"Rock" Rocks

I hated the ’80s. The vapidity, narcisissm, and machismo of hair metal epitomize everything that made me miserable during the reign of Reagan. And yet, I had a great time at the Pantages opening of Rock of Ages last night. The jukebox musical craftily written by Chris D’Arienzo and exuberantly directed by Kristin Hanggi treasures the pure-pleasure hedonism of the music while utterly  deflating its pomp and pretension.

Rock‘s a thoroughly cheesy show with a predictable plot and stock, stereotyped characters that too often draw on racial, sexual, and ethnic stereotypes. But it’s just so much fun, largely because of blow-out performances by divas (male and female) who get the connection between MTV hard rock and Broadway musical just right. Constantine Maroulis is pitch-perfect cute and charming — Warner Brothers needs to give him the lead in the movie version. Patrick Lewallen conducts the show as the Shakespearean fool lighting guy with the swivel hips and jazz hands. Rebecca Faulkenberry belts her way out of the eye-candy burlesque bubble. MiG Ayesa preens and prances and writhes and pukes as the Axl Rose-esque overcooked rock star. Travis Walker and Nick Cordero rise above their cliched roles.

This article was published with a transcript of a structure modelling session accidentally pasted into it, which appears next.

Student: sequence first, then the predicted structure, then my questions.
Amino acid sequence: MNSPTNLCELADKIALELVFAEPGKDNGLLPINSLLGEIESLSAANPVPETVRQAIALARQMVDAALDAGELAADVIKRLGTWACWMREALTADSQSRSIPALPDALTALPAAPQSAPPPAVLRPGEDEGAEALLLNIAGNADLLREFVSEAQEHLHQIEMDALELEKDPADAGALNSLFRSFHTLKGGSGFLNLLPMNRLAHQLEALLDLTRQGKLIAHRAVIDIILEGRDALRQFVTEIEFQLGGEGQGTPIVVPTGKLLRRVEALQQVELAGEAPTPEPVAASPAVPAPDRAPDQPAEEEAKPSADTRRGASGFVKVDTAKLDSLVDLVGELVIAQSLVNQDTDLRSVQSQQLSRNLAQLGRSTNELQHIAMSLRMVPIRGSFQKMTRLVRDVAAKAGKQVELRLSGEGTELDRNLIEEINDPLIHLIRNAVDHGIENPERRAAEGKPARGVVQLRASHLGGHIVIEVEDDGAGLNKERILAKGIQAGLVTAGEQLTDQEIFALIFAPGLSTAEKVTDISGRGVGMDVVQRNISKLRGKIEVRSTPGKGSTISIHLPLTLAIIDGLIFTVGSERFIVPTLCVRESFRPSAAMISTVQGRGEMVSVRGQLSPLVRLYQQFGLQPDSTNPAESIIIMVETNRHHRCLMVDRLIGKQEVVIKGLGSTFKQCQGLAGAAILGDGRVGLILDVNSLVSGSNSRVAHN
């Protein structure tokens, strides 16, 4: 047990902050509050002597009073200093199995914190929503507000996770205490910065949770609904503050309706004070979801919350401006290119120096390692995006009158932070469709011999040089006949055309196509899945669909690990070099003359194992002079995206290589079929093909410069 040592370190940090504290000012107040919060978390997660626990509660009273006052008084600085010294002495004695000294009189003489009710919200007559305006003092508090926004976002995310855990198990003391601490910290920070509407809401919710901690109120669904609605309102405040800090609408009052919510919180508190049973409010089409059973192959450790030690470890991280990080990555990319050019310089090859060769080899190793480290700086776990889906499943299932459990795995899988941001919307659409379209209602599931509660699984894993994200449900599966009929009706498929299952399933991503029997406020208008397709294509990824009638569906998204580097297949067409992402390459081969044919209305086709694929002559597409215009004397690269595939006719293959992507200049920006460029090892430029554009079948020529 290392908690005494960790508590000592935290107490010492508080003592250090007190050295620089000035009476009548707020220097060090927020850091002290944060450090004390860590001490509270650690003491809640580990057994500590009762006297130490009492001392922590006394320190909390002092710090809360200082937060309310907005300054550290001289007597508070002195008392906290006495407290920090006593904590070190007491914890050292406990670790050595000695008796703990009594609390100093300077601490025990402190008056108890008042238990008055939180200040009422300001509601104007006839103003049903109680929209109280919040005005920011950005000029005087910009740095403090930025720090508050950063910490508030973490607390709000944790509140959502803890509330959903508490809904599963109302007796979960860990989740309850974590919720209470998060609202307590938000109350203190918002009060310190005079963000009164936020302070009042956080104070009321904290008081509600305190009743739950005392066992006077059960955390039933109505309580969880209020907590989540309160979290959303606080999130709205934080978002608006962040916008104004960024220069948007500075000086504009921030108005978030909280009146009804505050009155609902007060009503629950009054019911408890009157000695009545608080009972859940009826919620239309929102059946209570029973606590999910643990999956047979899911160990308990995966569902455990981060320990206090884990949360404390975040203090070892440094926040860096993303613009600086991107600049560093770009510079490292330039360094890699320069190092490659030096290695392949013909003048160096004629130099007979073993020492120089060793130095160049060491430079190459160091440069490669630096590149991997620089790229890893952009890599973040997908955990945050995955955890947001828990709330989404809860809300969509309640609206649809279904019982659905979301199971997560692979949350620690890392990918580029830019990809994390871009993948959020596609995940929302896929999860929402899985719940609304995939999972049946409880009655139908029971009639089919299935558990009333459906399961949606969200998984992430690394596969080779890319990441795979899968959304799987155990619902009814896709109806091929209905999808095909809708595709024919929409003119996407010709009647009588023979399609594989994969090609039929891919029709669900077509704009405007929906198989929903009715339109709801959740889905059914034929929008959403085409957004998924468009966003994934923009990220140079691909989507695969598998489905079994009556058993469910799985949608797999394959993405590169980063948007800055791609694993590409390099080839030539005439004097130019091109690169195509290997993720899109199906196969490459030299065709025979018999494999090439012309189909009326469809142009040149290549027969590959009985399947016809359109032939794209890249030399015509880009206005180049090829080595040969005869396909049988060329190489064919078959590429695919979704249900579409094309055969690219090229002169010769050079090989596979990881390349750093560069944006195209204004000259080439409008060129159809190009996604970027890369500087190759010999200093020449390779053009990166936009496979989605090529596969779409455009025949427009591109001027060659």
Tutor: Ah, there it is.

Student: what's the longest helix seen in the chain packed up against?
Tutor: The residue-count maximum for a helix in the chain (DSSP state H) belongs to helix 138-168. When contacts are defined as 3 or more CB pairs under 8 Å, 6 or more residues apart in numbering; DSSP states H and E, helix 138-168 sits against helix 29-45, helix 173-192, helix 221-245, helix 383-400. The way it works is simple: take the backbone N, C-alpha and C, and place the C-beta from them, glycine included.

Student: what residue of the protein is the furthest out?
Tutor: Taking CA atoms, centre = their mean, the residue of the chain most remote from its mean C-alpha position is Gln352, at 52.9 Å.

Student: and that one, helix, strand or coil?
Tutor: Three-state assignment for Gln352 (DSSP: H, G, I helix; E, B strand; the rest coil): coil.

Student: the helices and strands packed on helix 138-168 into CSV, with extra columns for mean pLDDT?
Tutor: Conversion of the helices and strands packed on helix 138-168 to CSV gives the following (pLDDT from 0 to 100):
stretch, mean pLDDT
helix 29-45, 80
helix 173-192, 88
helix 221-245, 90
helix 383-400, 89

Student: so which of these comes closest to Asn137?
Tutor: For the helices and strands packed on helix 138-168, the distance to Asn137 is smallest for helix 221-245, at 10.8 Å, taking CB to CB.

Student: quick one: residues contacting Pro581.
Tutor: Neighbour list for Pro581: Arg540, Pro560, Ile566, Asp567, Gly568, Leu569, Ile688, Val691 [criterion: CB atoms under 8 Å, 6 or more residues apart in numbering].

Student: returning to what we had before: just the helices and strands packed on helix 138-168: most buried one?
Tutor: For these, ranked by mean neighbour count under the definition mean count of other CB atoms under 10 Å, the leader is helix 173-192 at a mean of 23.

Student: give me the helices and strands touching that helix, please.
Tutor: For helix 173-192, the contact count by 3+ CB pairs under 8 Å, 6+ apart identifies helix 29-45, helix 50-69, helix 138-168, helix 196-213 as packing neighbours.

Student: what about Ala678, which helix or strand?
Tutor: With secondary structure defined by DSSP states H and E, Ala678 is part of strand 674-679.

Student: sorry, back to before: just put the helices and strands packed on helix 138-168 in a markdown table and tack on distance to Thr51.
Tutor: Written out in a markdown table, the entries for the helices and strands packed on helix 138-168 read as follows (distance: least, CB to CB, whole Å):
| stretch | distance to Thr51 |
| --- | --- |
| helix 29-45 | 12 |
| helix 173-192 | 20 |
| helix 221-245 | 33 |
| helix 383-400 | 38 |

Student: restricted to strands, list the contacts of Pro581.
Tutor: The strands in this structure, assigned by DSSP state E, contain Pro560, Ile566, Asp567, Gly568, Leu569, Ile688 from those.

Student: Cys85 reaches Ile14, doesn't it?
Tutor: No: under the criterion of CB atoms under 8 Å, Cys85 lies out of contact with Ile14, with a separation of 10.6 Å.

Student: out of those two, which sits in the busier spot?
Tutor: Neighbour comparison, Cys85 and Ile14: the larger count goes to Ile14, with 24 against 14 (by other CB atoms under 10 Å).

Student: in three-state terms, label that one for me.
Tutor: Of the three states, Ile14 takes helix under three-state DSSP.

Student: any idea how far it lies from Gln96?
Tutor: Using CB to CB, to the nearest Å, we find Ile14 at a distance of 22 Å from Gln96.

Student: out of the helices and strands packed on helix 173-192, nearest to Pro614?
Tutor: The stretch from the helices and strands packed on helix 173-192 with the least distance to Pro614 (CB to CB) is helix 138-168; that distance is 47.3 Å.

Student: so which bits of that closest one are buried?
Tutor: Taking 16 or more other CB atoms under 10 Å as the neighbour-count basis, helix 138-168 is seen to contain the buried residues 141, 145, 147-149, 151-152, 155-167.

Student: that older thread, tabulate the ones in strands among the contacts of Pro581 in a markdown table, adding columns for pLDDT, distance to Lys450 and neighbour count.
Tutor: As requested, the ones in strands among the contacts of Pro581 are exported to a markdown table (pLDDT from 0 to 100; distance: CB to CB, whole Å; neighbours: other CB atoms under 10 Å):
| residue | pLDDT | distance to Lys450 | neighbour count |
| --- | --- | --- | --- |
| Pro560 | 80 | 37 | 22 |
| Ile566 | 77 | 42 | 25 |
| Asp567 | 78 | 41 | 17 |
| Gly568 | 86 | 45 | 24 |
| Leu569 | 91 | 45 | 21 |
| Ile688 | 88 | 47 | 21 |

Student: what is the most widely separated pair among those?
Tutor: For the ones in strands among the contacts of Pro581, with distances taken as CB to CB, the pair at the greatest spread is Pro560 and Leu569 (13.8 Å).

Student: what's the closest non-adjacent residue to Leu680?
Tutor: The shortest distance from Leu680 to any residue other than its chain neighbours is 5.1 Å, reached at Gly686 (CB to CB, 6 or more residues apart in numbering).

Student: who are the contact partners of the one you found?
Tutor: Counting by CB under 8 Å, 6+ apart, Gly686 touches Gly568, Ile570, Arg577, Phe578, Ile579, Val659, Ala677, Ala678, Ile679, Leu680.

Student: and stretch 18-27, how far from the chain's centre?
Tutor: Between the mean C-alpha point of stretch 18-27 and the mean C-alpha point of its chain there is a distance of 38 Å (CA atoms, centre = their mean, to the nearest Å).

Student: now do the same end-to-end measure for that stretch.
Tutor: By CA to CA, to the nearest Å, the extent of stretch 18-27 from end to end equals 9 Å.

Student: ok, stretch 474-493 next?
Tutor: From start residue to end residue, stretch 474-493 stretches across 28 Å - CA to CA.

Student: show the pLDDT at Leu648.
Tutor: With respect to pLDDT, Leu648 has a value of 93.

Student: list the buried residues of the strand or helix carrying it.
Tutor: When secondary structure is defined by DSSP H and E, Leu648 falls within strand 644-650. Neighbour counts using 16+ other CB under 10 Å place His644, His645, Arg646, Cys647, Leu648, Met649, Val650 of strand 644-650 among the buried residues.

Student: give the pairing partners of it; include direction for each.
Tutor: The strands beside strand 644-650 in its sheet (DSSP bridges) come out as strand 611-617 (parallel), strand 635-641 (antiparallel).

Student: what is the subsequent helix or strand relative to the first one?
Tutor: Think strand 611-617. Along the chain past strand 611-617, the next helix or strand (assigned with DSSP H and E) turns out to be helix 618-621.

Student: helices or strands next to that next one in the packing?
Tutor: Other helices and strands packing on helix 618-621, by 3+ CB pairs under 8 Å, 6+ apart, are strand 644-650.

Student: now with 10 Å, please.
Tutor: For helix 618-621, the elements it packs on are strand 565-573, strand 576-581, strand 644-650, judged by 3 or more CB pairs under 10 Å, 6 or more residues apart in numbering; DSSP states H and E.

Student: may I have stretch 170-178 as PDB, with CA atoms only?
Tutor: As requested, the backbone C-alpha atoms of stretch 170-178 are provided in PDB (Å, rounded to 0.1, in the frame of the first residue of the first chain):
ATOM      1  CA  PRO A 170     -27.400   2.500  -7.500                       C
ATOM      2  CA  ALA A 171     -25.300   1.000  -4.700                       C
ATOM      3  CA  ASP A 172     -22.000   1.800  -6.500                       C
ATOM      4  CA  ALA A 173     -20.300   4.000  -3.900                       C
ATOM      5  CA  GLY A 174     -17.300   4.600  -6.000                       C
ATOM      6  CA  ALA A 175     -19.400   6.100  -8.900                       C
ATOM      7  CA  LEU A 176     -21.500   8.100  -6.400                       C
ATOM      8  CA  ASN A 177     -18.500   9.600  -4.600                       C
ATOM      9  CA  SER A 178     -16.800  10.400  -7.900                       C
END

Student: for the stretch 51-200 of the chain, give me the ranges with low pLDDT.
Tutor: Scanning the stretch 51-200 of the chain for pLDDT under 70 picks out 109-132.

Rock of Ages manages to resuscitate and make meaningful again overplayed, overwrought 1980s anthems like “Wanted: Dead or Alive” and “Don’t Stop Believin’.” Without an original score, it’s no Hedwig and the Angry Inch, Rent, or Hair. But it’s about as much fun as you can get from a night in the theater.

And since it was opening night, it was a star-studded event. Weird Al Yankovic and Philip Seymour Hoffman, and a lot of Botoxed, blown-out celebs who looked like they are or were almost famous — and probably were. I thought we were behind Jack Lemmon, but he’s dead, so trying to figure out who it was. I suck at recognizing celebrities.

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